Not long ago, researchers in Brazil’s Atlantic Forest saw something strange. They had been following a group of black lion tamarins every day for weeks. Small and agile, these endangered New World monkeys sport a long black mane and golden rump. And one day, recalls researcher Olivier Kaisin, “We witnessed them rubbing [against] a tree trunk.”
Soon, Kaisin’s team would get data showing that a host of other species do this, too. It appears the animals are using the tree’s sap as a medicine.
Kaisin works for the University of Liège in Belgium. He also works in partnership with São Paulo State University in Rio Claro, Brazil. At first, his team thought the tamarins were marking their territory — applying their scent to warn other animals away. But as they watched longer, they realized the monkeys were doing something different.
“The whole group was rubbing simultaneously on the trunk,” says Kaisin. But they only did it “in a specific area, where we saw there was resin.” Resin is another word for sap — that sticky, smelly goop that sometimes exudes from cracks in tree bark.
When the researchers returned to the rural home where they were spending the night, Kaisin told the family there about the tamarins’ behavior at the tree. The tree’s scent had been extremely pungent.
Its smell “reminds me of honey,” says Felipe Bufalo, a researcher on the São Paulo State team. “The first moment I smelled it,” he recalls, “I thought it was some beehives. And I was scared.”
From that smell, the older woman in the household identified the tree as the cabreúva. She told the researchers that local Brazilians and Indigenous people use it both for perfume and medicine. “We thought, this is something special,” says Kaisin. His team reasoned that the tamarins, too, “may be using the tree for some type of treatment or self-medication.”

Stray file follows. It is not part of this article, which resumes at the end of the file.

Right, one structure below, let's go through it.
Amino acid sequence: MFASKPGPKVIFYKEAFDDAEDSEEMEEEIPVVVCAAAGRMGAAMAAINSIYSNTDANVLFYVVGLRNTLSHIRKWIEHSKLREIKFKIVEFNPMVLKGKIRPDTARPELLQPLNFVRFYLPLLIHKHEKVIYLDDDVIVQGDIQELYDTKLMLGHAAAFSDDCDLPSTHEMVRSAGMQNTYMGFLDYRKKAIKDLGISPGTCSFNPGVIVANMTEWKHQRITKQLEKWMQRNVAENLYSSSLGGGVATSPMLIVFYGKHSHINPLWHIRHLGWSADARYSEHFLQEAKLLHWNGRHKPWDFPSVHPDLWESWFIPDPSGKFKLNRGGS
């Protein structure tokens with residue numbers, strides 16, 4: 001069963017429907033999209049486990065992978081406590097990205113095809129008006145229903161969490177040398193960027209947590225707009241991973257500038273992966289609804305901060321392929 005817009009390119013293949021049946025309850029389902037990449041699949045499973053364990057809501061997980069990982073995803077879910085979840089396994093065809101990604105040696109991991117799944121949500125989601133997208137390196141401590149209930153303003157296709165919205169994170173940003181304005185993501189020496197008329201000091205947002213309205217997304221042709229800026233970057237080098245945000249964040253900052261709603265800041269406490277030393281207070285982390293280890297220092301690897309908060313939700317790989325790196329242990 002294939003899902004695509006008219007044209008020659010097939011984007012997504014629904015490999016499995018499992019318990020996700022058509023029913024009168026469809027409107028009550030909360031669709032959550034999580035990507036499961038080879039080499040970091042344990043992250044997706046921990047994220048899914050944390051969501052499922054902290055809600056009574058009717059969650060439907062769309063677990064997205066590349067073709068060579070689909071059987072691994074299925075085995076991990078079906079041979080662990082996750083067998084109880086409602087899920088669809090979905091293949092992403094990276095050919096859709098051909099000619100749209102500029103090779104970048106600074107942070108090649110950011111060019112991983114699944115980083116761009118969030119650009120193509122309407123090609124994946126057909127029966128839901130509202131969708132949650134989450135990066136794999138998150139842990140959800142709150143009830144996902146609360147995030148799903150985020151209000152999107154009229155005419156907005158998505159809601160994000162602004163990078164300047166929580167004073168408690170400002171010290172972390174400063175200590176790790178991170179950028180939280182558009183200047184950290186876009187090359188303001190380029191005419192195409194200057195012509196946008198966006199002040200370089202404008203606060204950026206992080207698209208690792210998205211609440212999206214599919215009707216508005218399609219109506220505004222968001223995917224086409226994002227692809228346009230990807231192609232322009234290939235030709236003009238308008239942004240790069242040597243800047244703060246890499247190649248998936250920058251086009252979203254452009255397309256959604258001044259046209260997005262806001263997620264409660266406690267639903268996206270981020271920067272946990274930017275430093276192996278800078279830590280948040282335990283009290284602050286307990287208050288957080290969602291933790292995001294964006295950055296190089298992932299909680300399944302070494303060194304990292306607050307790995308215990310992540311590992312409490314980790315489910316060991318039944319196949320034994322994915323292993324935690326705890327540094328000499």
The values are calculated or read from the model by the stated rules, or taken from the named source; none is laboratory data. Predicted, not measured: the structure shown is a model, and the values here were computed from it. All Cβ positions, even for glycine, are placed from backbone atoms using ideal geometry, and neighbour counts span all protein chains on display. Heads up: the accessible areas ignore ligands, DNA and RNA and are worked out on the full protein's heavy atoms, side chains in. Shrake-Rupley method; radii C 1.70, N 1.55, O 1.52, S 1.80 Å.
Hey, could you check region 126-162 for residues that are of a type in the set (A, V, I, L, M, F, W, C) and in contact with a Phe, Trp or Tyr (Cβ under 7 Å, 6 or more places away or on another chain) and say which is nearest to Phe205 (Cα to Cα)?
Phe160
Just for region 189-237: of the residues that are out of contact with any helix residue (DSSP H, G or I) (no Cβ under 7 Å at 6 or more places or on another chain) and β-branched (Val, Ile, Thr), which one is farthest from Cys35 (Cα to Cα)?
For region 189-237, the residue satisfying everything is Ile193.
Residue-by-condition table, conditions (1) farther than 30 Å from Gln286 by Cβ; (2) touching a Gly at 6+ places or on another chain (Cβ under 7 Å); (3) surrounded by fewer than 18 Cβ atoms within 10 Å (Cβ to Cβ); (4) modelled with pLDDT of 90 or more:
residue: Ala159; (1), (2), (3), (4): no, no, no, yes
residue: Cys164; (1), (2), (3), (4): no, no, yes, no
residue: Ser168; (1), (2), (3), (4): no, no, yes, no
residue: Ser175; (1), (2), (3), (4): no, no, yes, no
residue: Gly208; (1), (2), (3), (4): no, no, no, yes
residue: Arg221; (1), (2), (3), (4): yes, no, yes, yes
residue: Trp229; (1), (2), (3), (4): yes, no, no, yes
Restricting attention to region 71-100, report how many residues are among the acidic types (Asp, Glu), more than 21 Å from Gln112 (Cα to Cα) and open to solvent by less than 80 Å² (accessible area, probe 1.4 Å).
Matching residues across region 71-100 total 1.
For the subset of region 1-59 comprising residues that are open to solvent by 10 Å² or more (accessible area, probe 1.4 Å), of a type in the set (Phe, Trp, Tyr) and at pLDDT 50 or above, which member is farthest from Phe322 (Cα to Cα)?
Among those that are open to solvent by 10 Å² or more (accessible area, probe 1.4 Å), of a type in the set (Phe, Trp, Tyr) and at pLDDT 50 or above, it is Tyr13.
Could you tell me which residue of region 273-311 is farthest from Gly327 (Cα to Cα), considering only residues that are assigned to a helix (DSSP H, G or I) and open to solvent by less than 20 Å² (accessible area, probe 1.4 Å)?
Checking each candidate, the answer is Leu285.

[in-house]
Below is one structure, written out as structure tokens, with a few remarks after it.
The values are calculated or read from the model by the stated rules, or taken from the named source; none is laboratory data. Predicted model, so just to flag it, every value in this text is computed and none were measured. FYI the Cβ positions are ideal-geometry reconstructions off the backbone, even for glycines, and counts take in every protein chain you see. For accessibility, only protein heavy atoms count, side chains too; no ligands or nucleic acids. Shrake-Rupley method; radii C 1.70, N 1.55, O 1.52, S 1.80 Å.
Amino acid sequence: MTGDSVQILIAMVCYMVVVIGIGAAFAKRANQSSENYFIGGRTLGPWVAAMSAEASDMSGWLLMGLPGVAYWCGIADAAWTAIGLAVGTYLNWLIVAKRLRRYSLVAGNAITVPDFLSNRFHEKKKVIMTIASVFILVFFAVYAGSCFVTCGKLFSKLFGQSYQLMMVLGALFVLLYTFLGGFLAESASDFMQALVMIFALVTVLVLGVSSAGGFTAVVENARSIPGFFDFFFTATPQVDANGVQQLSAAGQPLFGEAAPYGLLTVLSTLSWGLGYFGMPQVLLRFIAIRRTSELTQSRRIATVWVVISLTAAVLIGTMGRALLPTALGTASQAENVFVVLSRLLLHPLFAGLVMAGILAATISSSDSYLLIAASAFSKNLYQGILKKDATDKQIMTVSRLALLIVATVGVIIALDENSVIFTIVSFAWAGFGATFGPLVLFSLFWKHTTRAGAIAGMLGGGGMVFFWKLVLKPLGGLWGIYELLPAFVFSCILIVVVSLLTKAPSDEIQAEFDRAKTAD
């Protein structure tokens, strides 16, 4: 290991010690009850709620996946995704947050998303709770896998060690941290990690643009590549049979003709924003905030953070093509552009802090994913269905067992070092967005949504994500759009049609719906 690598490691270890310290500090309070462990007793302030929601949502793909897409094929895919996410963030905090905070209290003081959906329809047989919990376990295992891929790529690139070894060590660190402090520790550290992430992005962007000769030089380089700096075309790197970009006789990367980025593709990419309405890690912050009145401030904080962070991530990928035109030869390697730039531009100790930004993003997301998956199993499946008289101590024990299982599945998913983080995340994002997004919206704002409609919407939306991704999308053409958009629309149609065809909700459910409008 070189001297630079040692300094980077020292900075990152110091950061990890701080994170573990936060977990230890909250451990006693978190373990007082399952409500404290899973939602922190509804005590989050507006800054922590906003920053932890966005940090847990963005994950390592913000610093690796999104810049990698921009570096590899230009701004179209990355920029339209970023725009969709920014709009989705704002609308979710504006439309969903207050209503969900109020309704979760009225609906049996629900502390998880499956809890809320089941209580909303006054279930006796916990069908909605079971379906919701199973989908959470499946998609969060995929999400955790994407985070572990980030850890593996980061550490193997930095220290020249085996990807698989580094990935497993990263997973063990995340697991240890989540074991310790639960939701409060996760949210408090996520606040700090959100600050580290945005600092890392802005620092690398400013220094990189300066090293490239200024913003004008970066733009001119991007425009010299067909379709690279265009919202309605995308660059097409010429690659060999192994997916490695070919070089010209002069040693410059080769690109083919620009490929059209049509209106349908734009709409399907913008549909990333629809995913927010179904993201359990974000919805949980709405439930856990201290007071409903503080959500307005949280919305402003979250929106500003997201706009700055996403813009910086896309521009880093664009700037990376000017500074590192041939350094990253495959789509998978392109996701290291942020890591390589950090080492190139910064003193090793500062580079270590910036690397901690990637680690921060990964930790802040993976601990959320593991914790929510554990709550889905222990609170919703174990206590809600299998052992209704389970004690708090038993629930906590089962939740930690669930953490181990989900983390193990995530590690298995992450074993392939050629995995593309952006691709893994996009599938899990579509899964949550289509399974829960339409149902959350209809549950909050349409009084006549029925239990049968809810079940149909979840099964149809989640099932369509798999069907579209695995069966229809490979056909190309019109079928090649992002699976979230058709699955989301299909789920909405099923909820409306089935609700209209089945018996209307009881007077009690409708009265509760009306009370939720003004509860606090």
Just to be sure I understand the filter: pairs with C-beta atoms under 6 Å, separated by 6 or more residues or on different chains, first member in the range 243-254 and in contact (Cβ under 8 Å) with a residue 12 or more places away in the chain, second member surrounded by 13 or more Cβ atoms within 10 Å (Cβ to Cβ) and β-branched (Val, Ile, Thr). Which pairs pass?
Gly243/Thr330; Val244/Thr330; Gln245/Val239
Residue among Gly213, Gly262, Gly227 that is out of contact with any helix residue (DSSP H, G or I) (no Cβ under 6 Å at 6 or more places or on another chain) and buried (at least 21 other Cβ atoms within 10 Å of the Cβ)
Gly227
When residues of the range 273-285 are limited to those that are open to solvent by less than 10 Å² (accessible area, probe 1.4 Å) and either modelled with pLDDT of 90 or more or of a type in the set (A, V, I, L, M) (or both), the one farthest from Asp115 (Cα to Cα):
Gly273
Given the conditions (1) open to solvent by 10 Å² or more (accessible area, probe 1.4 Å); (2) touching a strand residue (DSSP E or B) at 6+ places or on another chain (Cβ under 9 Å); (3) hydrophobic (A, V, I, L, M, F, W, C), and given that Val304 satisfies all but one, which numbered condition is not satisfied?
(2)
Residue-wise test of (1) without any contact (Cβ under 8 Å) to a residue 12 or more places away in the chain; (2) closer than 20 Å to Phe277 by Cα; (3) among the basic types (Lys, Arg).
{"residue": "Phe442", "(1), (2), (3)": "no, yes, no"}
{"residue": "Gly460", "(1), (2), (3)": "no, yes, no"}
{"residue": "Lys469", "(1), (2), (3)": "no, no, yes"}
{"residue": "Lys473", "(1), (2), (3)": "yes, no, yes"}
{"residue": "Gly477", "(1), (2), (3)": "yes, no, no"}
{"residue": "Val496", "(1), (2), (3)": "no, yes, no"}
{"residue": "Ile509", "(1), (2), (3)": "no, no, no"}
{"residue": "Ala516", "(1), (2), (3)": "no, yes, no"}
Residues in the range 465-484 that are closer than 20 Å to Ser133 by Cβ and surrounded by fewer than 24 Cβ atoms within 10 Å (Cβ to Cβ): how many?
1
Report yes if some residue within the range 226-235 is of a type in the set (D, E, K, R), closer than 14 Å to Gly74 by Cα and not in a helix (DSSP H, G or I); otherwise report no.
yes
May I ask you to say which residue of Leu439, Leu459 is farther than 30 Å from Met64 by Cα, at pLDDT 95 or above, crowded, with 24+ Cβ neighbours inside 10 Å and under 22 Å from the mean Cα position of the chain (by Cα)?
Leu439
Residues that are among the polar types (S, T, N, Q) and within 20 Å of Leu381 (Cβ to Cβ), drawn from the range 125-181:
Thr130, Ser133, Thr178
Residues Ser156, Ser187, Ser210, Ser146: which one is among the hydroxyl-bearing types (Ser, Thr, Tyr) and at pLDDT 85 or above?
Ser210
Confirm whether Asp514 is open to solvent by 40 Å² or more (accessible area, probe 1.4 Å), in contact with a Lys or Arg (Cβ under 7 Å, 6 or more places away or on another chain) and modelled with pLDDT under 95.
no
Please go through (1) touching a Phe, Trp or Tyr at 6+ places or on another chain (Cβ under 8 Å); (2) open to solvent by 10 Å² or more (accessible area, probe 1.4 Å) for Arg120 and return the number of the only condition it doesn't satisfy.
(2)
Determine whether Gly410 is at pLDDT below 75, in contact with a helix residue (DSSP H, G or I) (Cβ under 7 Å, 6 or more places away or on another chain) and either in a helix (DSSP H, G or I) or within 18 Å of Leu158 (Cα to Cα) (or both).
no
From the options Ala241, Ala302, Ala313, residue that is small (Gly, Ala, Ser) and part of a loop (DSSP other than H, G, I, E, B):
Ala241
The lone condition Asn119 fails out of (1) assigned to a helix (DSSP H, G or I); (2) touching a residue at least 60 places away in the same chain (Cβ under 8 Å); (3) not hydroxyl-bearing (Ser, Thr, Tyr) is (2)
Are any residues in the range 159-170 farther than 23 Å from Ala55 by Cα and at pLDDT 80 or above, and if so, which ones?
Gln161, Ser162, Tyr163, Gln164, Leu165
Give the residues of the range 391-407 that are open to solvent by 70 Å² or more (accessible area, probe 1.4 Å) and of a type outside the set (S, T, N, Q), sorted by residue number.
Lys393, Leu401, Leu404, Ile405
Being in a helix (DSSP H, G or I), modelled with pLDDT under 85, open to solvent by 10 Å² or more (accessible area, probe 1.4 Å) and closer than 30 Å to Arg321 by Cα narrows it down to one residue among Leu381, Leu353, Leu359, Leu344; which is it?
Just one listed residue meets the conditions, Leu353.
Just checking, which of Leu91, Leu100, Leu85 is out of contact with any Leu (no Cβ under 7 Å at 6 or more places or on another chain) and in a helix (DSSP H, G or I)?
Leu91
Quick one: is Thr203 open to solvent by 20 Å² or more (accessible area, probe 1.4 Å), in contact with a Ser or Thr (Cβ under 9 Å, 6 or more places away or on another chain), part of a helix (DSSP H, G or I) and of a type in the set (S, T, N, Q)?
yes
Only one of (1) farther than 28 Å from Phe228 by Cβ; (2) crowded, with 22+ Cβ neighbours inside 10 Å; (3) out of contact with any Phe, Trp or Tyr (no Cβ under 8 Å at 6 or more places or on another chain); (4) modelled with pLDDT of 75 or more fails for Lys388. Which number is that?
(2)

To learn more, they set up motion-activated cameras on some cabreúva trees. Scientists refer to these as camera “traps.” “When an animal is going to pass in front of the camera…[it will] start running and record a video,” explains Kaisin.
Those cameras turned up quite a surprise.
Seven additional species visited cabreúvas to rub against the resin. These included the ocelot (a wild cat), the coati (a mammal related to raccoons) and brocket deer. The big surprise: So did the tayra (a type of big weasel), the pig-like collared peccary, the northern tamandua (an anteater) and the neotropical fruit bat. No scientist had observed this type of rubbing behavior before in those last four species.
Scientists knew that tamarins sometimes used plants to doctor themselves. But now there was evidence the tayra, peccary, tamandua and fruit bat do as well. “Discovering such [new] things in mammals — which are extremely well-studied — is really interesting,” Kaisin says.
His team shared its new findings in the May issue of Biotropica.
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Why this matters
Animals’ use of plants or other materials to combat diseases or parasites has a special name. It’s a long one: zoopharmacognosy (ZOH-uh-far-muh-COG-nuh-see). Not only is this practice interesting, but it’s also important.
“By watching what other animals do, we might speed up our own drug-discovery,” says Mark Hunter. He’s a retired ecologist. He used to work at the University of Michigan in Ann Arbor.
Most mammals host parasites, and nearly all the time, he says. Many chemicals in plants can combat those parasites. Studying animals that self-medicate could help identify better ways to protect wildlife. For instance, to safeguard the health of endangered animals, Hunter says society needs to also protect the medicinal plants in their environment.
Multiple species eat cabreúva sap or rub it on their fur. This is a strong clue that at least some are using the tree for medicine. But it will take more research to confirm that. Scientists will need to look for druglike traits of the cabreúva sap. For instance, does it kill the microbes, fungi or parasites that infect forest animals? Kaisin’s team would like to check this out. But such work has been on hold during the COVID-19 pandemic.
“The cabreúva is an example of how the conservation of forests, even in fragments, can be so valuable,” Bufalo says.